Pennsylvania Advance Directive Form


A Pennsylvania advance directive is a two (2) part document used by an individual (the principal) to appoint another person (the agent) as their representative. The agent must convey the principal’s wishes to the physician and oversee their medical treatment. This form becomes effective following a physician’s confirmation of a principal’s incapacitation. It involves specific information about how a principal wants to be medically treated or where they wish to reside (i.e., hospital, nursing home, hospice, etc.).

The principal can also include whether or not they would like to donate their organs and tissues if they pass away. They do not have to complete each part of the document, although it ensures that the agent properly carries out their wishes. If the principal has not provided instructions on a particular type of treatment or care, the agent becomes responsible for making a decision on their behalf. The agent must consider the principal’s best interest and beliefs when choosing their health care.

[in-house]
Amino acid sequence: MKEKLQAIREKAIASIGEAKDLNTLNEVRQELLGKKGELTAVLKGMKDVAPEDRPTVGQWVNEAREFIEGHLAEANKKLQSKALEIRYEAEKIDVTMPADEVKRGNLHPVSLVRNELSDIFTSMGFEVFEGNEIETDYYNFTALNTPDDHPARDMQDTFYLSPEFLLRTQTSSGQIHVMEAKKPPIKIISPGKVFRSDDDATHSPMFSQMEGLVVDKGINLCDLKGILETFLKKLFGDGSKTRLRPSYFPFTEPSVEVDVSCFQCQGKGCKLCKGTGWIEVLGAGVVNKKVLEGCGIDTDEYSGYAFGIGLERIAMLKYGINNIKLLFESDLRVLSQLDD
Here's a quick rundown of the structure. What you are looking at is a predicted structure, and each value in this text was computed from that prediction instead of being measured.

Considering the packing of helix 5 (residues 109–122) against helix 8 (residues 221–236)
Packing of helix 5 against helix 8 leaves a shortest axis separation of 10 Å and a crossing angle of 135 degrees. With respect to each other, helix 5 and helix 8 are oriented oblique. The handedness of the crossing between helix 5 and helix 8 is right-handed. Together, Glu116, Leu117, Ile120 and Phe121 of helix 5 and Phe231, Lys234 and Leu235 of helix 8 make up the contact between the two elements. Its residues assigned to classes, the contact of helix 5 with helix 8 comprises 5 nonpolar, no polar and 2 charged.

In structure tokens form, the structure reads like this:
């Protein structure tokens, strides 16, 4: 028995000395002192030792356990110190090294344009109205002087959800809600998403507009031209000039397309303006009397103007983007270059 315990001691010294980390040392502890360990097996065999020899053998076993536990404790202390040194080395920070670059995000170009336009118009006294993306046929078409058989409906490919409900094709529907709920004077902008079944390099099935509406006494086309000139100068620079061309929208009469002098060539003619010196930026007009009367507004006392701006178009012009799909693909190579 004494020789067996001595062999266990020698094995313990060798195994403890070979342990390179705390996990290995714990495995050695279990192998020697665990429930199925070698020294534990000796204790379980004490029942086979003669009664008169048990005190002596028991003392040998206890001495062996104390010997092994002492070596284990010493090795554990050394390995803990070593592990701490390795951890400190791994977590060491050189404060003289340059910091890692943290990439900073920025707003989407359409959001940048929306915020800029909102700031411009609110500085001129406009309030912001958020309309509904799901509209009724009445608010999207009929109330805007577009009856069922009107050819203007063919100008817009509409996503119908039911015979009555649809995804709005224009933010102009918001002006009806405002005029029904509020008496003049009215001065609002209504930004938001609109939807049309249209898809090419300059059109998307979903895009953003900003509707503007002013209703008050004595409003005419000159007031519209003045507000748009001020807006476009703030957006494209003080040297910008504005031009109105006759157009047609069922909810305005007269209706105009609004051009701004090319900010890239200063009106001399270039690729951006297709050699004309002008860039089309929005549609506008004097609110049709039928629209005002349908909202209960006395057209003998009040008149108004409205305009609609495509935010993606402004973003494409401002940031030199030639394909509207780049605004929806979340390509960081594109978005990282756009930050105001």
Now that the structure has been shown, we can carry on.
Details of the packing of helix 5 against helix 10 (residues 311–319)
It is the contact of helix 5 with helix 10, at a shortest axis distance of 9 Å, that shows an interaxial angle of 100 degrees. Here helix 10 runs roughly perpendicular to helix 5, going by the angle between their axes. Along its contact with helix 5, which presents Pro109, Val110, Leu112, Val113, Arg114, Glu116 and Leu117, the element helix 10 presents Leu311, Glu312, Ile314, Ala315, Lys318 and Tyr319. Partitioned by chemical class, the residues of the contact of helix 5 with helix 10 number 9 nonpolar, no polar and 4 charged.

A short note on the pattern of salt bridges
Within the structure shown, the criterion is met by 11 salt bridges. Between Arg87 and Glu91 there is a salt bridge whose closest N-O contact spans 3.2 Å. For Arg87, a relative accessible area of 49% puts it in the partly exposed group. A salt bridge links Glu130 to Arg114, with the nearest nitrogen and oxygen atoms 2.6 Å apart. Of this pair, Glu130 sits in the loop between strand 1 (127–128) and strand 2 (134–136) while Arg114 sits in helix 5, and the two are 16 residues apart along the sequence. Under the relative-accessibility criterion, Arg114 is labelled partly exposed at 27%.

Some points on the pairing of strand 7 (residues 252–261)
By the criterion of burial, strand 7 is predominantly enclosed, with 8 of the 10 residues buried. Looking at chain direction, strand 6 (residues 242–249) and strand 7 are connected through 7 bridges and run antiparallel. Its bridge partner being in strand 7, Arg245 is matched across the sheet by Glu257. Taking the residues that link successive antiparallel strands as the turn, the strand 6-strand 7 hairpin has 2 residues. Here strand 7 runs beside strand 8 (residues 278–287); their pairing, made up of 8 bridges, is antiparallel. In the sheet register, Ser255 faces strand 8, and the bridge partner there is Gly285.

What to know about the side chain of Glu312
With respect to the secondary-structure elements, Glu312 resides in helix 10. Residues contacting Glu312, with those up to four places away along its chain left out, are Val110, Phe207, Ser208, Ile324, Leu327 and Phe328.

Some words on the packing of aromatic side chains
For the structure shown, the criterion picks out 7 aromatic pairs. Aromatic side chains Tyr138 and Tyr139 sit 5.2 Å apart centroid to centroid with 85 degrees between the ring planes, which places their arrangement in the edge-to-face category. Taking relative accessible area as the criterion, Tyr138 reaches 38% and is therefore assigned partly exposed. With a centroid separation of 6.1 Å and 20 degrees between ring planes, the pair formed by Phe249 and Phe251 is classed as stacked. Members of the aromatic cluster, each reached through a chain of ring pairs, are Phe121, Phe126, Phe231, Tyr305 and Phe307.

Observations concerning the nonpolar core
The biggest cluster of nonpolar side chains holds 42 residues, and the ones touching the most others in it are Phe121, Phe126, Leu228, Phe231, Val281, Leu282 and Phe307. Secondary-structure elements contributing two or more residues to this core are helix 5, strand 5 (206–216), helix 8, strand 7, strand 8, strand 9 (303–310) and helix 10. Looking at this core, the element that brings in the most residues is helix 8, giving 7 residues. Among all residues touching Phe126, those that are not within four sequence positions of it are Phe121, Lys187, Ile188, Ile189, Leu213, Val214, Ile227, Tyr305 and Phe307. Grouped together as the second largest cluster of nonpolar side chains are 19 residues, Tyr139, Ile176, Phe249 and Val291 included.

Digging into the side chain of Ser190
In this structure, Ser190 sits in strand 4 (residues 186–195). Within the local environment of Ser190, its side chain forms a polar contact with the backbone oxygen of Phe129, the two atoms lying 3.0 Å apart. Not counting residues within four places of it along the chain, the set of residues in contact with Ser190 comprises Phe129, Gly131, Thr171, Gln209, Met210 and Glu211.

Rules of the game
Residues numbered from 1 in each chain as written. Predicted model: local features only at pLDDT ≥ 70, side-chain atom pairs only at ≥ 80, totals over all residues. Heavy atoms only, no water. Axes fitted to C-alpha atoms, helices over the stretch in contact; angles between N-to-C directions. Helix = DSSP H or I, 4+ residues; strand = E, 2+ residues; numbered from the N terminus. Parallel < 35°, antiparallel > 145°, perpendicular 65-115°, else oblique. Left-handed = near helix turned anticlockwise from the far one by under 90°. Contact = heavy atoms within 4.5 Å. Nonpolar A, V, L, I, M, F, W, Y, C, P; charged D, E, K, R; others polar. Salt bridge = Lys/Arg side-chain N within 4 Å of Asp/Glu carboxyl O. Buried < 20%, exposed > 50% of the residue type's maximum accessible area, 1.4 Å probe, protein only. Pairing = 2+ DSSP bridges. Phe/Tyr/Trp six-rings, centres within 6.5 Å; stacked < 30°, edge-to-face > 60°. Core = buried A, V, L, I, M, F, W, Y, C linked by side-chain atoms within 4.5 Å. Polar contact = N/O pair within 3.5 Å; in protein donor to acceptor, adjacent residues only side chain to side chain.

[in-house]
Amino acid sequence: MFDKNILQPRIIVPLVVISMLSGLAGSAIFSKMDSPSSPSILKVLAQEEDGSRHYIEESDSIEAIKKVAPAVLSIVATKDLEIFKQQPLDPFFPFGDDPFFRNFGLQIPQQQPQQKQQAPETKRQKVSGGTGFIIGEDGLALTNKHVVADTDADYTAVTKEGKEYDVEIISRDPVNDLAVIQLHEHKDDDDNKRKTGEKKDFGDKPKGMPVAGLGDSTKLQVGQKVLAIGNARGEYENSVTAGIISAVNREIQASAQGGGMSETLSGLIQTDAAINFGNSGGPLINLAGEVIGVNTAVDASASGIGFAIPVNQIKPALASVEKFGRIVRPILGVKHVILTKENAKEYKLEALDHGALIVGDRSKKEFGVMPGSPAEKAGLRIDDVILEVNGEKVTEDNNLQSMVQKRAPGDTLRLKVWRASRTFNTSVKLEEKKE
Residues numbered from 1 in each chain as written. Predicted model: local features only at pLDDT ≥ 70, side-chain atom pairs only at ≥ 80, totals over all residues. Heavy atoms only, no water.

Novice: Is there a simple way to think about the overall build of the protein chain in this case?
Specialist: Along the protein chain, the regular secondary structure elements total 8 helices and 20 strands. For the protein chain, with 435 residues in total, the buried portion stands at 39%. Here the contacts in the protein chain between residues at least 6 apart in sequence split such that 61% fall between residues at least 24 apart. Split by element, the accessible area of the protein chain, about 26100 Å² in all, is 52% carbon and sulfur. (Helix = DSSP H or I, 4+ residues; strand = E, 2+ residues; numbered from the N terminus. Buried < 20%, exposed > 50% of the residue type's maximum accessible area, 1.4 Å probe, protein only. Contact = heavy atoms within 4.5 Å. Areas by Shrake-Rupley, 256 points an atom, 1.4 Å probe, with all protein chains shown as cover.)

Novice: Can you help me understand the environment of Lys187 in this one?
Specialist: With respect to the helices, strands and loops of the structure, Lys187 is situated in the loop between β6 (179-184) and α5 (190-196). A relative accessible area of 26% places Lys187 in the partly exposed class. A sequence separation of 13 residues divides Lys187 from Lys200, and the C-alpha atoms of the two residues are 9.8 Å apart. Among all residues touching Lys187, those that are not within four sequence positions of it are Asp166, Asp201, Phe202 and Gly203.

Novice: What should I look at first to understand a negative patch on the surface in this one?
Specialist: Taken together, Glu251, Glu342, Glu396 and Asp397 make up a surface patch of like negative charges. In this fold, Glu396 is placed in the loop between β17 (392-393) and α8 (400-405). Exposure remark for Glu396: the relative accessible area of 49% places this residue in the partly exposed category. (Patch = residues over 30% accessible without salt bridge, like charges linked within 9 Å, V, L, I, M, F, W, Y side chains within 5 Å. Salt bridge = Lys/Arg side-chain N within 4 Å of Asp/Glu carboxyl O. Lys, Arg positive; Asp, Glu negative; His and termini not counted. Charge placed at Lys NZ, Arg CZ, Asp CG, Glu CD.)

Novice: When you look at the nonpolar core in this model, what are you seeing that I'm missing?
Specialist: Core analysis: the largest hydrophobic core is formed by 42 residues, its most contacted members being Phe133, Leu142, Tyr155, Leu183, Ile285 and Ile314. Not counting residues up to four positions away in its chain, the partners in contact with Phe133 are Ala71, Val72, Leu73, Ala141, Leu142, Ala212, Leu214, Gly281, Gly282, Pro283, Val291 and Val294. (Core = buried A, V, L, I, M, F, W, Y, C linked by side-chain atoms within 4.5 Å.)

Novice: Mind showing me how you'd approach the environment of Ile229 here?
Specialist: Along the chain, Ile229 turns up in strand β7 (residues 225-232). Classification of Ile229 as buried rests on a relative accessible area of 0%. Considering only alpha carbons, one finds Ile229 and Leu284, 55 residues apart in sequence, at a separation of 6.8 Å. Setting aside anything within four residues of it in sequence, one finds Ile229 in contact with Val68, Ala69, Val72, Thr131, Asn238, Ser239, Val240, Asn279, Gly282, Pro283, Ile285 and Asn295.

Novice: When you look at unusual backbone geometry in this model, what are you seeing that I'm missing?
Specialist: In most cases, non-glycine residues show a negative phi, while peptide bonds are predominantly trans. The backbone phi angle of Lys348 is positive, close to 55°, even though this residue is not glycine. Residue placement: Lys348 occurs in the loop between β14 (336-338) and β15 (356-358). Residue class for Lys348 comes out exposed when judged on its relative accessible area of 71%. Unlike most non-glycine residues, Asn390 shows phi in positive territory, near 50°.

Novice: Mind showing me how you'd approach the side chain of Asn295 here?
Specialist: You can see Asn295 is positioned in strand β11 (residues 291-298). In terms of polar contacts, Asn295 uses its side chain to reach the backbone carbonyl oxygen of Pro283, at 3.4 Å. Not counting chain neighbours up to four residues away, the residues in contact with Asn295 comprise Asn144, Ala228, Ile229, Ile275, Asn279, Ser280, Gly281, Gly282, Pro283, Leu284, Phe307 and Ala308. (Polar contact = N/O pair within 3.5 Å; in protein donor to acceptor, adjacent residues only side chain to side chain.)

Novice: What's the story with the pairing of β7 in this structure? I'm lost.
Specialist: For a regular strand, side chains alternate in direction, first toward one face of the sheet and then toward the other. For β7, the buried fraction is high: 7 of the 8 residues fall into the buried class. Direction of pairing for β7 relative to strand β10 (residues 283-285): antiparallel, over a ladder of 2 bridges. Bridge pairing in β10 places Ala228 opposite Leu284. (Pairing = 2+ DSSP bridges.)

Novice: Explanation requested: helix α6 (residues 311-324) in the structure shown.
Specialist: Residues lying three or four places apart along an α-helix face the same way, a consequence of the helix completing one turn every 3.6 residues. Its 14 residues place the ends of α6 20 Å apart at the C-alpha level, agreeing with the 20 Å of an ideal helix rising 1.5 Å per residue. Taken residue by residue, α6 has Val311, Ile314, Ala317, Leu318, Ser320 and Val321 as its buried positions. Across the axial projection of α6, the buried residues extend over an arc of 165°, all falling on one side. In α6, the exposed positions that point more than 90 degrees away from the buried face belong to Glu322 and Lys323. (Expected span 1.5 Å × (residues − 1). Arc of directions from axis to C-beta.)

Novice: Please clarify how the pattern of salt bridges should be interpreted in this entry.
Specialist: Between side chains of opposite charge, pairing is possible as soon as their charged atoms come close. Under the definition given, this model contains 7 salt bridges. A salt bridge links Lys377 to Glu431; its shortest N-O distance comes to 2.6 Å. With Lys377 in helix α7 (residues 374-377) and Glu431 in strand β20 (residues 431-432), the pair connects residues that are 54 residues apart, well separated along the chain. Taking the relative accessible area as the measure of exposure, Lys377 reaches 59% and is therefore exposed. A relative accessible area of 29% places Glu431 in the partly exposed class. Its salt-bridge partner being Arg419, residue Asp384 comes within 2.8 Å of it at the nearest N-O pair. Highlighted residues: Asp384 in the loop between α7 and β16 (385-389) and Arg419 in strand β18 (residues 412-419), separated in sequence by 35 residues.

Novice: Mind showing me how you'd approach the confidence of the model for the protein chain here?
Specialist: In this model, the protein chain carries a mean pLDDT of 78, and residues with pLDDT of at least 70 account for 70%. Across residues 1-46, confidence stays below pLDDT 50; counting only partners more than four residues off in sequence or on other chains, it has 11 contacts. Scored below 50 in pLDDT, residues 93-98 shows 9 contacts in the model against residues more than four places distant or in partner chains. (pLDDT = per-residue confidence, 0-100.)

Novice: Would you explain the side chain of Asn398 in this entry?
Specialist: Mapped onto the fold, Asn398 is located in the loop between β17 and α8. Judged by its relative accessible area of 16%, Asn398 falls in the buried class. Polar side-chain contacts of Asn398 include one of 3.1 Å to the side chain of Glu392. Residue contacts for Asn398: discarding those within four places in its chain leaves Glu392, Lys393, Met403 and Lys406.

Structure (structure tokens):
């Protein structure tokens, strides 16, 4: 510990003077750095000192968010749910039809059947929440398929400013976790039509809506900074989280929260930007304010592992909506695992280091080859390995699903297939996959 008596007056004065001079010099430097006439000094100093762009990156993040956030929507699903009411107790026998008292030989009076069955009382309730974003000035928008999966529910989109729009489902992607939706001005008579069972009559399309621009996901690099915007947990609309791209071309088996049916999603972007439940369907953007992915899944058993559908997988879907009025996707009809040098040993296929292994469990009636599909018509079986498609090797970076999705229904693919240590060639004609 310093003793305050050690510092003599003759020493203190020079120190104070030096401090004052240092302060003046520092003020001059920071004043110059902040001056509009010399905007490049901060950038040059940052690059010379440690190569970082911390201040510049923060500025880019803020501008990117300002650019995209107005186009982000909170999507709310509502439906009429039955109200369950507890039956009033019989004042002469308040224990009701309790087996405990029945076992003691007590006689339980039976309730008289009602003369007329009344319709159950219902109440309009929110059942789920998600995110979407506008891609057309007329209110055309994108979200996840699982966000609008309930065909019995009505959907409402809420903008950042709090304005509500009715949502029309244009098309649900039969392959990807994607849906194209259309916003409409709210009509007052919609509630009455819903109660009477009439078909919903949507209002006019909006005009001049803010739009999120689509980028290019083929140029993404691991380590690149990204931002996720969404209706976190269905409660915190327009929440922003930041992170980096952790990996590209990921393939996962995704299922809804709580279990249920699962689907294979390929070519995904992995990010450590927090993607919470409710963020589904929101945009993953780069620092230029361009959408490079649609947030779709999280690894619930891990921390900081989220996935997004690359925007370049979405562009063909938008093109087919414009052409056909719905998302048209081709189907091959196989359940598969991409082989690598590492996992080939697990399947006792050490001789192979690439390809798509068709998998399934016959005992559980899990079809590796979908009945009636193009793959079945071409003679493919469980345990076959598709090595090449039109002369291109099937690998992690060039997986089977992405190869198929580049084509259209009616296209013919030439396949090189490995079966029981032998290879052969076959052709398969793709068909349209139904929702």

The “living will” section of the document lists the principal’s preferences for treatment. In the form, they can accept or deny:

  • Pain relief;
  • Life-prolonging treatment;
  • Cardiopulmonary resuscitation (CPR);
  • Mechanical ventilator (breathing machine);
  • Dialysis (kidney machine);
  • Surgery;
  • Chemotherapy;
  • Artificial nutrition and hydration (intravenous or through tube feeding)
  • Radiation treatment; and
  • Antibiotics.

The medical power of attorney section authorizes the agent to step in and make health-related decisions on behalf of the principal. The agent can only make these decisions if the principal has not included their wishes in the form. A doctor must verify that the principal can no longer communicate their wishes before it goes into effect.

Laws: Title 20, Chapter 54

Signing requirements (§ 5442 & § 5452): Two (2) witnesses must be present when the principal signs or dates the form. If the principal cannot sign themselves (due to physical disability or another valid reason), they must be present while another person signs for them.